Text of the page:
In the midst of the Christmas spirit, we sometimes blurt out phrases to our children that unintentionally impact their confidence in harmful ways. According to a family psychotherapist, there are 5 in particular that are problematic. And that you may have already used!
Who hasn’t already used the excuse of Christmas to keep their children good? The solution is easy, but not necessarily recommended if we are to believe Fiona Yassin, a British family psychotherapist who speaks on this subject in the media. There are also 5 sentences that we can sometimes say without thinking about it before the arrival of Santa Claus which would have consequences on their development.
“Be careful, if you continue, Santa Claus will put you on the list of naughty children”
The phrase is a great classic and yet! Beyond asking a child to behave well, it would have an anxiety-provoking effect, particularly in those who already have existing mental health difficulties, warns the psychotherapist.
“Parents may be tempted to prevent bad behavior by threatening them with the naughty list. However, rewarding “good” behavior with gifts and “bad” behavior with punishment can teach children and adolescents that “They are less valuable when they are ‘bad’. To the young person this may seem like a truth unless the parent continually reminds them that they are loved unconditionally” she explains.
“I deserve to have more” (of this log, of this dish)
During Christmas, it is very normal and cultural to treat yourself to festive dishes. But specifying “I deserve to have more” or “I have earned the right to indulge” would send the wrong message to the children around the table.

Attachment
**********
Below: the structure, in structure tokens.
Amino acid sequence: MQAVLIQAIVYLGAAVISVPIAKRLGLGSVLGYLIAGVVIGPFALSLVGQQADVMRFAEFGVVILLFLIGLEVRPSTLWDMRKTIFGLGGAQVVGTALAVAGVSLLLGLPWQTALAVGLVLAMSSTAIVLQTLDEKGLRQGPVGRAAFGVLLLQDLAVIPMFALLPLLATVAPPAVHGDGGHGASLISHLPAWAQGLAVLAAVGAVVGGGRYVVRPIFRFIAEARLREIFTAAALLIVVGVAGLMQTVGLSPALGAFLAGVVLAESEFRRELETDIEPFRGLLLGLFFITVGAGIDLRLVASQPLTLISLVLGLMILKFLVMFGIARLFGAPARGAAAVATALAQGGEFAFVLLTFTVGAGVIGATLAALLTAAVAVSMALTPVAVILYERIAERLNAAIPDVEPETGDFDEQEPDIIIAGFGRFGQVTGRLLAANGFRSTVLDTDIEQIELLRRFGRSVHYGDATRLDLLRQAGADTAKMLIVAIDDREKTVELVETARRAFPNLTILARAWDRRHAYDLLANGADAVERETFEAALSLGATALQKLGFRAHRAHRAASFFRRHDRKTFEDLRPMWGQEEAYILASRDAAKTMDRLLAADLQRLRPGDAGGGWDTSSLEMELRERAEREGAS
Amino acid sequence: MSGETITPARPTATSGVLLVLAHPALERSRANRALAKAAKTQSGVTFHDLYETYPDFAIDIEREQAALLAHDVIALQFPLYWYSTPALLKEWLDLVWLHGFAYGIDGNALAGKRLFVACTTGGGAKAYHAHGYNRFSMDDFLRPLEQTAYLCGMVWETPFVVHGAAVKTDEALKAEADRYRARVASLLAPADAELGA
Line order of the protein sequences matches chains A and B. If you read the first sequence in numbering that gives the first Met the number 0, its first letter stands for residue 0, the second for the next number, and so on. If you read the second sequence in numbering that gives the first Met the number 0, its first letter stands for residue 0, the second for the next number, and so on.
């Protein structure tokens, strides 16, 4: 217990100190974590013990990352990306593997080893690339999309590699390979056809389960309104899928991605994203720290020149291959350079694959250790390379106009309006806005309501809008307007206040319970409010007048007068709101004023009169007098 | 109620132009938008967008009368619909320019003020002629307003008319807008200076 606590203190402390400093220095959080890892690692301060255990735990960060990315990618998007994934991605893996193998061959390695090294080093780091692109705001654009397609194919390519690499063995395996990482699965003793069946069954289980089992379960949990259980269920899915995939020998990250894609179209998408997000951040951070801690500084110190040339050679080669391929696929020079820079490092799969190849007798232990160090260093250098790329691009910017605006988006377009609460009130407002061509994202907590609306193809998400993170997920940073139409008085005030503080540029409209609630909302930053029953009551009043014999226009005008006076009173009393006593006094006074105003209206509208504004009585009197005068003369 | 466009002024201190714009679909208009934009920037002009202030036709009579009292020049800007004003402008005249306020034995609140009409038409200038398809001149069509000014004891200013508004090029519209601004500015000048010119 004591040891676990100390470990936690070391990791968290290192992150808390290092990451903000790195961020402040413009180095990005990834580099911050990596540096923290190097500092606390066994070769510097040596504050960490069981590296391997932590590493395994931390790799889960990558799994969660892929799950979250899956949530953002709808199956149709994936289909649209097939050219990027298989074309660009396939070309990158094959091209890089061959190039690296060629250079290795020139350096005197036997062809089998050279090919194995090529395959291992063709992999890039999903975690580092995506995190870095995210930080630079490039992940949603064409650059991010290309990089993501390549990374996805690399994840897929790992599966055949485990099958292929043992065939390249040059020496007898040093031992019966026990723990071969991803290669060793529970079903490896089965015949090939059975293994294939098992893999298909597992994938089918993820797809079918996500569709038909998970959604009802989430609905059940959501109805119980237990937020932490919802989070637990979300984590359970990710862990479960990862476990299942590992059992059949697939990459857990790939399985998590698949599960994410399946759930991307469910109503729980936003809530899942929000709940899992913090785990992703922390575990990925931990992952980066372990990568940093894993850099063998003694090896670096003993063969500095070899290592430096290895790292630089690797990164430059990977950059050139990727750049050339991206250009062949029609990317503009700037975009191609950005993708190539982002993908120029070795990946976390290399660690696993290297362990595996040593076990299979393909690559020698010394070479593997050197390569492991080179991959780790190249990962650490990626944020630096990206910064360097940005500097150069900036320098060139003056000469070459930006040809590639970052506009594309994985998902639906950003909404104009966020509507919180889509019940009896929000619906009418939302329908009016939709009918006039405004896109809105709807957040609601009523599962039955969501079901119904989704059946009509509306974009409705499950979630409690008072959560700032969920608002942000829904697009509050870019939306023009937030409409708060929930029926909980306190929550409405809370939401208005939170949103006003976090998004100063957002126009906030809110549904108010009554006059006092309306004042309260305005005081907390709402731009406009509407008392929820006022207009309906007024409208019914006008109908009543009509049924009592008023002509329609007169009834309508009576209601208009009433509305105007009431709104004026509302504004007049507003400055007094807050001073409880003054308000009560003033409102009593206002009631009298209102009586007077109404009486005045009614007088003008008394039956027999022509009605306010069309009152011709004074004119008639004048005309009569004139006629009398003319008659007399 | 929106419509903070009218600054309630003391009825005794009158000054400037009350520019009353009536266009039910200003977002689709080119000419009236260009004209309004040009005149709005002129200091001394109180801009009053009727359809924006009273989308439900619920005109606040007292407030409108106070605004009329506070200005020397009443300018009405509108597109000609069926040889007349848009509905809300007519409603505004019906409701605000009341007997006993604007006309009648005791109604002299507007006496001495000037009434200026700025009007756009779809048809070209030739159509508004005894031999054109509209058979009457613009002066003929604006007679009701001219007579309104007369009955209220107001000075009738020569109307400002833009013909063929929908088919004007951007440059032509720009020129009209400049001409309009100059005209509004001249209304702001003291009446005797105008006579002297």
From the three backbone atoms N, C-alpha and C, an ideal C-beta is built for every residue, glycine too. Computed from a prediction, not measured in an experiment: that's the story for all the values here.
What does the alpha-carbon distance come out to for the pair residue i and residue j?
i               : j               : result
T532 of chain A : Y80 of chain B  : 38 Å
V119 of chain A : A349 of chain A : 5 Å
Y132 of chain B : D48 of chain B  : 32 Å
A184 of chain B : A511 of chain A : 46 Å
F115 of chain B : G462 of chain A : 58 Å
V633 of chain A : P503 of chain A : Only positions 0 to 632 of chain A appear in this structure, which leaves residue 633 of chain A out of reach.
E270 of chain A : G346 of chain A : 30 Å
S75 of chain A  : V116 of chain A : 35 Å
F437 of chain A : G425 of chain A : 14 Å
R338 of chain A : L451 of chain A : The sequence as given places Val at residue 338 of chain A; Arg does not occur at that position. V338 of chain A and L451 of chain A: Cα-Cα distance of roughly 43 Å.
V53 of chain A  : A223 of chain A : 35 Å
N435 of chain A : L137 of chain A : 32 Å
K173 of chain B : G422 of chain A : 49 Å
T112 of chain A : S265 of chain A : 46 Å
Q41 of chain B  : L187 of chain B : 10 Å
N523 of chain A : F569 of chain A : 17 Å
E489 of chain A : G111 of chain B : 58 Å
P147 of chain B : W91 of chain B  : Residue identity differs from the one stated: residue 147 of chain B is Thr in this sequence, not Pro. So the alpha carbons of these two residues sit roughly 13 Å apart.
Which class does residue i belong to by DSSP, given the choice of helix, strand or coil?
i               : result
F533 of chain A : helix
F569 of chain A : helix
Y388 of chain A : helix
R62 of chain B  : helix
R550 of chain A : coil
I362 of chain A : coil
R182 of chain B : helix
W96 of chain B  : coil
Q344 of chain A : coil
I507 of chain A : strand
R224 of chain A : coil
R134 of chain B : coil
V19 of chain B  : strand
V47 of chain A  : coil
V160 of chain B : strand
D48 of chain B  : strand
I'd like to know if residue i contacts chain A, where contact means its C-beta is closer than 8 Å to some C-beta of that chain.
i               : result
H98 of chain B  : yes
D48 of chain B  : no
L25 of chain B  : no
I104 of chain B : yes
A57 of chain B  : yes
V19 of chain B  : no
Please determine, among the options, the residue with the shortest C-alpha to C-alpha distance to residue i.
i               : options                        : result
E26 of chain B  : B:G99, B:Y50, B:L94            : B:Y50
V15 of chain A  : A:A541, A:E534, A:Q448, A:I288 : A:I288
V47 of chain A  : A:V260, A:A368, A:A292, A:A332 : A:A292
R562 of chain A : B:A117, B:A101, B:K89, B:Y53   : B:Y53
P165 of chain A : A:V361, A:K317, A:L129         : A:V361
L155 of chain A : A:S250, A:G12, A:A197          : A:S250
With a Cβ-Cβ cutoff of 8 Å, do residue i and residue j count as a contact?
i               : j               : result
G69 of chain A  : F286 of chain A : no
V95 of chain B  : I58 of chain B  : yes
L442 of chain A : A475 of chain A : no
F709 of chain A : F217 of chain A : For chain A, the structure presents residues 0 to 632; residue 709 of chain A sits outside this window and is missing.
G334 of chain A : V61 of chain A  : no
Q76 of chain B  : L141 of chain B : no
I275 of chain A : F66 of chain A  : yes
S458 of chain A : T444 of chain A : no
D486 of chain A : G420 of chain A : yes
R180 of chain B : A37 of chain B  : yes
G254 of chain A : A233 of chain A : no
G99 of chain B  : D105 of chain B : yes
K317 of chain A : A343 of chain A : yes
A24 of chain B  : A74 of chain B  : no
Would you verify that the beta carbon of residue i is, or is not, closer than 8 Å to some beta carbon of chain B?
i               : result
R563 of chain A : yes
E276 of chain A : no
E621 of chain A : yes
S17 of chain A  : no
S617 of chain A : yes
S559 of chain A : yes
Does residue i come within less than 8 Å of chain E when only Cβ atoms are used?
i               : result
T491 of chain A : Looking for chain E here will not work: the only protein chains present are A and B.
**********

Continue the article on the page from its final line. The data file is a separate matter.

“When someone talks about food in the sense of ‘deserving’ it, it conveys the idea that we must earn the right to eat or earn the right to have pleasure. Assigning moral value to food can trigger negative thoughts and behaviors among young people” explains Fiona Yassin. In the same way say “I abused these good things” in this case induces shame for having eaten. Two values that can “promote harmful eating mentalities” among the youngest.
“If I buy you this gift, I can’t pay our bills”
In the context of current inflation, it is almost tempting to say this in the face of children’s pressing demands, with the aim of making them understand the value of things. “But the truth is that children (especially young children) don’t understand finances.”underlines Fiona Yassin.
Talking about gifts in this way can make young people feel anxious and guilty. With another effect playing with his emotions : “It can also be very upsetting for a child when you tell them they can’t have something because you don’t have enough money to pay for it and then it appears under the tree on the day of Christmas.”
“And no, Dad didn’t get Mom anything this year!”
Are you disappointed because your partner didn’t think of a gift, while you spent time finding the attention that would please them? Save your grievances for when there are two of you. For Fiona Yassin, you should avoid expressing it in front of children because they may be anxious to see or expect that their parents have not exchanged gifts. No need to involve them in this.
“Give (grandpa, aunt…) a kiss”
With reunions and gifts, it is normal to greet and thank each other during the holidays. But the expert nevertheless reminds that a child should not be forced to give a kiss or a hug, even to a family member. “When a child is forced to give a hug, a kiss, or show affection, it takes away their free will and choice. “It gives him the message that he doesn’t have control over his own body, which can be dangerous.”.
Being polite, saying thank you and hello is one thing. Engaging your body is another. An important distinction, like a nice gift to give to your child.